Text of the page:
Alcoholic U.S. Air Marshall Bill Marks (Liam Neeson, "Taken") takes note of several passengers as he gets in his last cigarette and chug of booze before boarding. But when he tapes up the lavatory exhaust for another smoke, he's astonished to find an accusatory text on his private network, followed by threatening demands. With only a few people aboard the NYC to London flight he feels he can trust, Marks is faced with the death of a passenger every 20 minutes if $150 million isn't transferred into a specified account and the stress of his job becomes "Non-Stop."
Laura's Review: C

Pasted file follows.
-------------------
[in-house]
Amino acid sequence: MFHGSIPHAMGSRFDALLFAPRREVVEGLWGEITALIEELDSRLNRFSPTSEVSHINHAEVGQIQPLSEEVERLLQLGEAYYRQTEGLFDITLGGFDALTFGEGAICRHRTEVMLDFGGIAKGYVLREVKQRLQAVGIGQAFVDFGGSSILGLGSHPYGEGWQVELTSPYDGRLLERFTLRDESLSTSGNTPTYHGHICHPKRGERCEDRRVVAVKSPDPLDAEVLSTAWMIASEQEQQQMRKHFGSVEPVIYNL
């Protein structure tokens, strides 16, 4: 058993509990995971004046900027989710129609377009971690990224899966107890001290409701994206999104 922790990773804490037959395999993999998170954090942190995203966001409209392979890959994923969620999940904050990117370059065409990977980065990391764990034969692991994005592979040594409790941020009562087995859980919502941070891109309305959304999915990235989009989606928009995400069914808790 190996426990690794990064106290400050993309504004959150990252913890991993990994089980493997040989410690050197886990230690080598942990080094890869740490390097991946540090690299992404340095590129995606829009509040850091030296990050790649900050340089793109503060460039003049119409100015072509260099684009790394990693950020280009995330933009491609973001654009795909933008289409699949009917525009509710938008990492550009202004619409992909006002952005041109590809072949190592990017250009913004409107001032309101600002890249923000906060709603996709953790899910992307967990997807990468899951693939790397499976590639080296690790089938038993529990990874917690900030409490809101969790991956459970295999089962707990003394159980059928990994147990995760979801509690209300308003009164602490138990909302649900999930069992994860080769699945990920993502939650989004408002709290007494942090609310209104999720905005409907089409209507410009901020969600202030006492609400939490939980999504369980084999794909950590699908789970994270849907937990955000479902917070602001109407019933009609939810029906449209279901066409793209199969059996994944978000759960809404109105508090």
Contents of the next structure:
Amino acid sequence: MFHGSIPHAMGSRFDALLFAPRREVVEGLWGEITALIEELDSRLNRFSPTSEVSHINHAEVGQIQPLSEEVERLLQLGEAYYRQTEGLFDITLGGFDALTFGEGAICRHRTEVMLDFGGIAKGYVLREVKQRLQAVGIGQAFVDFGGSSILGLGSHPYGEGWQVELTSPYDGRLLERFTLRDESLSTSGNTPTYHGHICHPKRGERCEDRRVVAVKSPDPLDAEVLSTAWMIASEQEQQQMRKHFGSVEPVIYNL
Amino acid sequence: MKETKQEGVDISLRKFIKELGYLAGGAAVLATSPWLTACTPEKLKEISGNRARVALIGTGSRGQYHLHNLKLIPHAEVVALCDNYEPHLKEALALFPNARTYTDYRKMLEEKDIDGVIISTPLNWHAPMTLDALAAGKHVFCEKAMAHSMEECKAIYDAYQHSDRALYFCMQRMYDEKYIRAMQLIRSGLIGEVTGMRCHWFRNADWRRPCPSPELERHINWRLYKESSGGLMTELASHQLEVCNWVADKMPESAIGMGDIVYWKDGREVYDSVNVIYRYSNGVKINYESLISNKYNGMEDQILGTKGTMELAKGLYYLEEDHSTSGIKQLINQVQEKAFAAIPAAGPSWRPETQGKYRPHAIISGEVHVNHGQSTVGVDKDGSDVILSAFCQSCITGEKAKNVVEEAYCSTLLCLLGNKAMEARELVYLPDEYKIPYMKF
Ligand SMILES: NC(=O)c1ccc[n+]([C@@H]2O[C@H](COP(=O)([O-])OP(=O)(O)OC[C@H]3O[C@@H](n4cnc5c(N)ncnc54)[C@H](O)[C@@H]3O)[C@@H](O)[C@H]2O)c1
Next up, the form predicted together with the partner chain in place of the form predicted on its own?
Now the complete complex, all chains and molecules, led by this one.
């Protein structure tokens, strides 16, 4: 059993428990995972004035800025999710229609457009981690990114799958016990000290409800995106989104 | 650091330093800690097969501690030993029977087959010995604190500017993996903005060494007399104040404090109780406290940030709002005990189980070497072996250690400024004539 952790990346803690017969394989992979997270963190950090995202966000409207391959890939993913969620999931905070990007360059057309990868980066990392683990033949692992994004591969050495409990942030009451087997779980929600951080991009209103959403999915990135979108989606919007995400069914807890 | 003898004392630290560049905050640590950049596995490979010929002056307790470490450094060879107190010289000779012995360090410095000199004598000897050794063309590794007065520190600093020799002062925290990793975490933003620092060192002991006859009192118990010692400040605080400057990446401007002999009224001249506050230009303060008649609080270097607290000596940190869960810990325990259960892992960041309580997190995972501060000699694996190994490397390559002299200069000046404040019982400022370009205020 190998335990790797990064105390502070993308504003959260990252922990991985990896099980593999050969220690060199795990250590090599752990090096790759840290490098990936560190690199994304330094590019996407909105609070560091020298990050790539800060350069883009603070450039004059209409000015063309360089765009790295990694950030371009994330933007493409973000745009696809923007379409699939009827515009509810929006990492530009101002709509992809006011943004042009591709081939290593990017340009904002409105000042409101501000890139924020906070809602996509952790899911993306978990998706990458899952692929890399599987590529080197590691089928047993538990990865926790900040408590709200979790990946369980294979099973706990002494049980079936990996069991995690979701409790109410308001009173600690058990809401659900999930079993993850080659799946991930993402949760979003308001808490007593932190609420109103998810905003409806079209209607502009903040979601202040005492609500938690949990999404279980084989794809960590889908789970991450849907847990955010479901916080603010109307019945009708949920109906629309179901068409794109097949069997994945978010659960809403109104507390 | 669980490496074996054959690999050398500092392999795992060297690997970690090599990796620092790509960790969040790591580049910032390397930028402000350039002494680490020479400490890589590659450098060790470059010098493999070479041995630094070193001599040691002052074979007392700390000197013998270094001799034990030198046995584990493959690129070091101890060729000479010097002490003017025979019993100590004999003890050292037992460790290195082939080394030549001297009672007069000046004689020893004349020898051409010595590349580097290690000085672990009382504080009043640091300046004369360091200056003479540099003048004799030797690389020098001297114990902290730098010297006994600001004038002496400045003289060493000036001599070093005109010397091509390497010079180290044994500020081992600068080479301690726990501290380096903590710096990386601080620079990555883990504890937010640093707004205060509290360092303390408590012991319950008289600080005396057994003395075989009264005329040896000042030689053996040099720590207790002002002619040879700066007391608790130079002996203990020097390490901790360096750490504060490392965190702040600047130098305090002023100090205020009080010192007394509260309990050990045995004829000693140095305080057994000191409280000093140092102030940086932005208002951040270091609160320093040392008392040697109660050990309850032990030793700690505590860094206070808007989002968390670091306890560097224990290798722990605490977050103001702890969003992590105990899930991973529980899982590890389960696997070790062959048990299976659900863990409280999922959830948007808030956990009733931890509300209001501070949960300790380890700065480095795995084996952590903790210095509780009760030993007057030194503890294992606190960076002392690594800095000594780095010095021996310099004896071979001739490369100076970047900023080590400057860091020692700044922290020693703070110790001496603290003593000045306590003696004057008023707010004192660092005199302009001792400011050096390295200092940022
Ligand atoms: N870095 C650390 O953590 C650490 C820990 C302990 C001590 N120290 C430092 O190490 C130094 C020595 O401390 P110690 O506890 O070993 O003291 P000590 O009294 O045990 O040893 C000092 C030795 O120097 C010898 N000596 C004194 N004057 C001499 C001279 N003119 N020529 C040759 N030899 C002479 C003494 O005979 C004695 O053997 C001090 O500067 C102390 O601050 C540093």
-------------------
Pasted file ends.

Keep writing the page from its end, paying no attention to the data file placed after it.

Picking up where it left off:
Writers John W. Richardson, Christopher Roach (an episode of 'Diners, Drive-ins and Dives?') and Ryan Engle pull ideas from "Speed," "United 93" and "Ten Little Indians" for the type of script they seem to believe is clever with all its 'twists,' and yet when they finally unveil what's behind it, we've chosen the wrong door on 'Let's Make a Deal.' Their terrorist tells us how 'easy' it all was, but they never get around to filling in blanks as to just how it was done (and you may be sorry to find out why it was). Director Jaume Collet-Serra's ("Orphan," "Unknown") MO seems to be keep the action chaotic and no one will notice they've been had. There's the guy who asks for a light on the curb outside (Scoot McNairy, "Argo"), the guy who offers Visine in the airport bathroom (Anson Mount, AMC's 'Hell on Wheels'), the guy who's always in the way (Nate Parker, "Arbitrage"), the little girl who drops her Paddington Bear before boarding (Quinn McColgan, HBO's 'Mildred Pierce'), the Muslim (Omar Metwally, "Rendition"), the woman who insists on switching her seat (Julianne Moore), the aggressive guy who claims to be NYPD (Corey Stoll, "Midnight in Paris") and the uncooperative Black kid (Corey Hawkins, "Iron Man 3"). Then there's the crew, who, aware of Bill's problems, may just have it in for him. There's a trust thing going on here, and it's no big giveaway to let you know that the whole plot's been crafted to make Marks himself appear the guilty party. "Non-Stop" works for a while, even if Julianne Moore's been directed to make her every look shifty. Bill's inclined to trust Jen Summers, because he's been able to observe her in the seat next to his and because she tried to talk him down from his takeoff jitters. He also has a friend in flight attendant Nancy ('Downton Abbey's' Michelle Dockery), whom Jen notes delivers water when Bill's asked for gin. Perhaps the best bit the screenwriters have come up with involves just how that first victim's done in and who it turns out to be. After Bill's stopwatch runs down its next twenty minutes, we're almost in "Airplane '75" territory, the threat itself and Marks having been marked himself apparently not enough. The screenwriters also throw a number of cinematic cliches around, trying to sucker the audience with red herrings. Neeson's OK here as far as these things go, but his late stage action career is more fun when he's the aggressor - here he's always begging for understanding. If it seems odd that the awfully small craft (how many passengers are on this full 767 - maybe 120?) only has two flight attendants, it's distracting that they happen to be played by actresses well known for their period roles as Lady Mary and Patsy (Lupita Nyong'o, "12 Years a Slave"). Dockery's good enough to get us past this, but Nyong'o has nothing to do. The film also stars Linus Roach and Jason Butler Harner ("Next") as the pilot and copilot, while the ubiquitous Shea Whigham (HBO's 'Boardwalk Empire,' 'True Detective') is revealed as the voice of the TSA. After "Non-Stop's" sloppy climax, the filmmmakers can't be bothered to wrap with a little logic, the plane's disgorgement edited to suggest blatant disregard for safety procedures and introduce a relationship where that was none before.